I am originally from India, currently a PhD student in Mathematics in the US. As such I don't have very many ties to the US and I was wondering whether it is common for PhDs from the US to get academic positions in Australia and New Zealand. I have seen some jobs postings on http://www.mathjobs.org/ advertising positions in Aus/NZ universities, but I am not sure how many US PhDs apply to them.

Are most faculty members in Aus/NZ universities 'homegrown', or is it fairly common to see PhD's from other countries? Is a US PhD the norm, an advantage, or a disadvantage when applying for an academic position in Aus/NZ?

  • 1
    US PhDs are more thorough (5+ yrs vs. 3-3.5 yrs). I'd imagine this to be an advantage.
    – Jase
    Dec 20, 2012 at 16:35
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    @Jase: this doesn't necessarily make a US PhD more thorough. The first two years are approximately equivalent to a masters degree in New Zealand or Australia, which most students do (or at least 'Honours', which is basically the first year of Masters) before their PhD. Additionally, I believe PhD students in the US often have to do more teaching than their counterparts in Aus and NZ.
    – Tara B
    Sep 27, 2014 at 7:51
  • It is very common for faculty members in Aus and NZ to have come from other parts of the world. They will look primarily at your publication record, responses to selection criteria and referee letters (selection criteria are an important and formal part of job application process in Australia, and are used instead of research and teaching statements used in the US). A PhD from a R1 university in the US will be considered equivalent to a PhD from an Australian university and an Ivy League PhD might be a small advantage, but less important than the other factors mentioned. Mar 7, 2016 at 5:05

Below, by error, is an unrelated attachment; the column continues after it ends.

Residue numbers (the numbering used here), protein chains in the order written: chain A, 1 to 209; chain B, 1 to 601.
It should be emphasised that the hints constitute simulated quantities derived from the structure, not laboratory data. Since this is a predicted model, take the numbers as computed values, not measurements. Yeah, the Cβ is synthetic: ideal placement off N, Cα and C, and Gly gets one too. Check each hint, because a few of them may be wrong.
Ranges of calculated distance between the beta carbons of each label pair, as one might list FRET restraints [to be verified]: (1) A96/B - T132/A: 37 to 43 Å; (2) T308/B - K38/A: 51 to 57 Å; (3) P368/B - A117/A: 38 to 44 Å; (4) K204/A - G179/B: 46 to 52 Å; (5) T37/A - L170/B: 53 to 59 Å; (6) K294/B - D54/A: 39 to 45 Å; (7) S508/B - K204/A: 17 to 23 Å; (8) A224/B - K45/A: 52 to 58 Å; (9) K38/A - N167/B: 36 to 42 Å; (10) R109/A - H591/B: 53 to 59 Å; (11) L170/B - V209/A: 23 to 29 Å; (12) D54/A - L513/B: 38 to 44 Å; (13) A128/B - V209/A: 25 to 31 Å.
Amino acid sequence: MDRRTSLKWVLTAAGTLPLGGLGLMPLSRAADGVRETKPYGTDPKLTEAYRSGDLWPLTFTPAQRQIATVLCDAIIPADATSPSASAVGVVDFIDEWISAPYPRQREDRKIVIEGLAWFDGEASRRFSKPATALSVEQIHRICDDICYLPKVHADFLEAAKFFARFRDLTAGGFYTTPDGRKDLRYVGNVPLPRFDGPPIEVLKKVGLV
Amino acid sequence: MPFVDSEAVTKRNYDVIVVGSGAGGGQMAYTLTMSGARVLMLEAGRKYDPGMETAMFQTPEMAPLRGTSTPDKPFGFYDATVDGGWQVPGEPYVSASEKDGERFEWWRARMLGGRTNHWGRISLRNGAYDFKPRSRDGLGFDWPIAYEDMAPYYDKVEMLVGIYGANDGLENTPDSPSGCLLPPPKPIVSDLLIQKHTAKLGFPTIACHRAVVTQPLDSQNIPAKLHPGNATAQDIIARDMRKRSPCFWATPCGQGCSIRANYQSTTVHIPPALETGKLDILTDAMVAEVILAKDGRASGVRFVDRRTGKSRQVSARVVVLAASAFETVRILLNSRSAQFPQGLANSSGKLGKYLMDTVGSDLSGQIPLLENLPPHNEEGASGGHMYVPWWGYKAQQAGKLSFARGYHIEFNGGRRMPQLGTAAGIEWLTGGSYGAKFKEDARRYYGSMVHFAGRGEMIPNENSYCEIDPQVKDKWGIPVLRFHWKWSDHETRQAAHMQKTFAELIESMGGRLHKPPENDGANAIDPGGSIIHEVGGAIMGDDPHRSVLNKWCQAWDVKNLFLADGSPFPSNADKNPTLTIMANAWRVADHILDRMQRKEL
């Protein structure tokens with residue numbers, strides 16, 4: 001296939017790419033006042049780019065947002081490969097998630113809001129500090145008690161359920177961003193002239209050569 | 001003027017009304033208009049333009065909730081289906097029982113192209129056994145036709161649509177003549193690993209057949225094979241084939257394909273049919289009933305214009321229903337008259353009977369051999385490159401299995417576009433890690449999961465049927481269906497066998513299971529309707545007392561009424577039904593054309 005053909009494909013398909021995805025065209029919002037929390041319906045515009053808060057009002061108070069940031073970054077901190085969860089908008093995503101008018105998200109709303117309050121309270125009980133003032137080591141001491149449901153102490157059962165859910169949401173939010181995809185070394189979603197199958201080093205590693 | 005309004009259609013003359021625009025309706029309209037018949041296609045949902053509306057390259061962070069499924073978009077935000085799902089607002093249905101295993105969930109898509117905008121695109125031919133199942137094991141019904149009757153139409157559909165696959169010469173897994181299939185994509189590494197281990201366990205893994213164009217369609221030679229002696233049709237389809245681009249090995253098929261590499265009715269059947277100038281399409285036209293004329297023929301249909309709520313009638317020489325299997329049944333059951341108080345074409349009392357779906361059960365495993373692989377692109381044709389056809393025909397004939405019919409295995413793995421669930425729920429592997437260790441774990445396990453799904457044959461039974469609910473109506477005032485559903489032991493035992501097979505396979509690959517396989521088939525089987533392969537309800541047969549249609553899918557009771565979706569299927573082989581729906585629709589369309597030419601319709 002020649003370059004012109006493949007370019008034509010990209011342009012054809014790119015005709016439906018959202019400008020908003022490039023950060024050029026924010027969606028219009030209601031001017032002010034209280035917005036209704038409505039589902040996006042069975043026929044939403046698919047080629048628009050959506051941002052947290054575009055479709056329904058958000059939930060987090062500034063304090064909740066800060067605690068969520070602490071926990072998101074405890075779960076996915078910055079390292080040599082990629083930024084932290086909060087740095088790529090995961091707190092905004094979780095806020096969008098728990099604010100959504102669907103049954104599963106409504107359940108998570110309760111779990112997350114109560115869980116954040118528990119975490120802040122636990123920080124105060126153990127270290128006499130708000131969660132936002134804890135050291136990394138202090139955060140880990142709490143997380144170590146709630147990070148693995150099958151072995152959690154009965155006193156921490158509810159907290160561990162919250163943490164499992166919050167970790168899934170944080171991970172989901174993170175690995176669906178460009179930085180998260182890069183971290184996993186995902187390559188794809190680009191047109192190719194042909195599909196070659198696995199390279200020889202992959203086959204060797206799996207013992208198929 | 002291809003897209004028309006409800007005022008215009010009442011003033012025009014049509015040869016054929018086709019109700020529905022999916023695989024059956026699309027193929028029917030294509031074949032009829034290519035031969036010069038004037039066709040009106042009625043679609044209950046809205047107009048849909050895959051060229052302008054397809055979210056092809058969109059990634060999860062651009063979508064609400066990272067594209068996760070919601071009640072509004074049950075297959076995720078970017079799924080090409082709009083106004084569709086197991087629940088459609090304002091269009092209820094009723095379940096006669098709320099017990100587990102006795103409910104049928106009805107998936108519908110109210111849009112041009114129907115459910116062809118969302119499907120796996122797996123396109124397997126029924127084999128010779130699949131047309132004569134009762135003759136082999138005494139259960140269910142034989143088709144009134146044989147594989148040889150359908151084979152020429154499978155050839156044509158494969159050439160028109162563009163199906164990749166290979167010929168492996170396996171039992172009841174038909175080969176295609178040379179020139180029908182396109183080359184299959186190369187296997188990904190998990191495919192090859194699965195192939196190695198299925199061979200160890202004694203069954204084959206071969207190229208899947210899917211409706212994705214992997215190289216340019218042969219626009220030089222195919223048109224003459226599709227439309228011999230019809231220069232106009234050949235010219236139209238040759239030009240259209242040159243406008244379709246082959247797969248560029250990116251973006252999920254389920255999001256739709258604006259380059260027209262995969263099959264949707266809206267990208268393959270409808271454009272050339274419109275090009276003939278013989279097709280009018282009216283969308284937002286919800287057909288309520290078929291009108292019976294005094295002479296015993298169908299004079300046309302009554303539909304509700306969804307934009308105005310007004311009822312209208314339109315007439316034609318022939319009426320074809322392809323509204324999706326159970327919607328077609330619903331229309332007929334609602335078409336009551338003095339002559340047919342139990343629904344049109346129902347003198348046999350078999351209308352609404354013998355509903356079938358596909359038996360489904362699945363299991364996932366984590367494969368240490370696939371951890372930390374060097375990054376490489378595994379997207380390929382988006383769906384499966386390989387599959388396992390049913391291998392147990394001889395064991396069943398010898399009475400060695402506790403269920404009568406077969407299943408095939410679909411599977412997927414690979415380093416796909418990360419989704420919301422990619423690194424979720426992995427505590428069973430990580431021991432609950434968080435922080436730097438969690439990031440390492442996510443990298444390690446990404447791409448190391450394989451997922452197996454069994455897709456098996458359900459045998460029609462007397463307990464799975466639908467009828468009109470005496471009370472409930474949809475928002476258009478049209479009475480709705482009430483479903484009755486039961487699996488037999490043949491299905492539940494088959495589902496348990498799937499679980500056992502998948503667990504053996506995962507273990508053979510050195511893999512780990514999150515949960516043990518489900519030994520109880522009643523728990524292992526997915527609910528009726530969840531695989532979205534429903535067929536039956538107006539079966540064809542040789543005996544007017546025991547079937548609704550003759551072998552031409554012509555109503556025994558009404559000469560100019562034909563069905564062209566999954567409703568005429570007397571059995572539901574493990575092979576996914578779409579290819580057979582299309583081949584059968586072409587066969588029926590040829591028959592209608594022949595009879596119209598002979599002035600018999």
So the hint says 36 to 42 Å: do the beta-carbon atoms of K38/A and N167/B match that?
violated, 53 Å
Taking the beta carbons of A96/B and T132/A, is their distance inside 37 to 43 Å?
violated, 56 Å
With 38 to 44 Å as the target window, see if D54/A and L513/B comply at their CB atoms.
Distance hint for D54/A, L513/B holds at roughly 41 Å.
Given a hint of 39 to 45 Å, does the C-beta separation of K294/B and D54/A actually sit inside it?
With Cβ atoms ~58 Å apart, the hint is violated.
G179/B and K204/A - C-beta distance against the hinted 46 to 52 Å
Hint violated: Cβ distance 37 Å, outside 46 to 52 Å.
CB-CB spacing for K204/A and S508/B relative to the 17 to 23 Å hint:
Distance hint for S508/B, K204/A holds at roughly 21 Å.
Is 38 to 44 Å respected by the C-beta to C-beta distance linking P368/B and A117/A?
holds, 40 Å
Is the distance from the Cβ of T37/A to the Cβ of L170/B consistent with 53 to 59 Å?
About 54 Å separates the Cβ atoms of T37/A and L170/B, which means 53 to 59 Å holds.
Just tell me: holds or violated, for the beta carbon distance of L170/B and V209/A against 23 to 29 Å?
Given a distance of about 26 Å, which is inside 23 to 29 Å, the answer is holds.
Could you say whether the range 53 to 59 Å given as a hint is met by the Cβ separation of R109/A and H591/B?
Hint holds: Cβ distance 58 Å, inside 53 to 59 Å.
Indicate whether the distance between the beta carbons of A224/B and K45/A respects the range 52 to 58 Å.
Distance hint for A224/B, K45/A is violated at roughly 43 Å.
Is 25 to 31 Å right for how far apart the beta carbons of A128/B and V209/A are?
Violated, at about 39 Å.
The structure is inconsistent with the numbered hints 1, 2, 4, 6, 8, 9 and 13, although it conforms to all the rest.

• Also: you will probably have more publications than a recent PhD graduate from an Australian university, since Australian PhD degrees are shorter. This could put you at an advantage. Mar 7, 2016 at 5:07

3 Answers 3


The proportion of "homegrown" to "...imported?" PhDs varies depending on your discipline, but at the science end of things (I'm in computer science, but know plenty of mathematicians and also majored in chemistry as an undergraduate) it's quite international. Apart from pathological cases (known "bad" universities, or otherwise extremely dubious universities), where you got your PhD is not particularly important. As Jeromy says in another answer, international experience is definitely viewed favourably though. My having done my doctorate overseas has definitely been a boon.

The real criteria are performance based; publications, teaching (especially awards or other recognition) and ability to bring in the grant money! (That last one in quite important, for better or worse). As a recent Doctorate, you'll mainly need to show that you can conduct quality research.

Just for some completely non-statistically-significant stats, my Australian undergrad. chemistry department had about 50% overseas PhDs, my CS department had more like 90% overseas PhDs and my maths department had about 50% too. At my current (Australian) department (CS), it's probably about 70-80% overseas PhDs (though that's a guesstimate at the moment), including me.

Of course the caveat is, again, this will change from department to department and university to university. Some like to only hire their own graduates, others will never hire their own graduates. Your best course is really to contact the academics offering the jobs, establish a bit of an informal relationship and find out what each position is looking for.


I know many academics in Australia who obtained their PhD in the United States. In general, I think that overseas experience is seen as a positive, whether it be an Australian going overseas to do a PhD or a PostDoc or a non-Australian obtaining their PhD or PostDoc overseas. Some ranking systems even rate departments based on the number of international faculty members.

Of course, you still need to meet the job requirements. Thus, it is still going to help if you have a great publication track record, have studied or worked in a world-renowned university with world-renowned academics, and so on. Most Australian universities have a job listing site where you can subscribe to job alerts. Also, you would generally need to have good English language skills.


Your research publications and the quality of your research are more important than were you got your Ph.D. When recruiting for an academic position, the committee is generally looking for someone with an excellent research record. It can help if you went to a famous university, but if you went to a famous university and do not have good publications, it will not save you.

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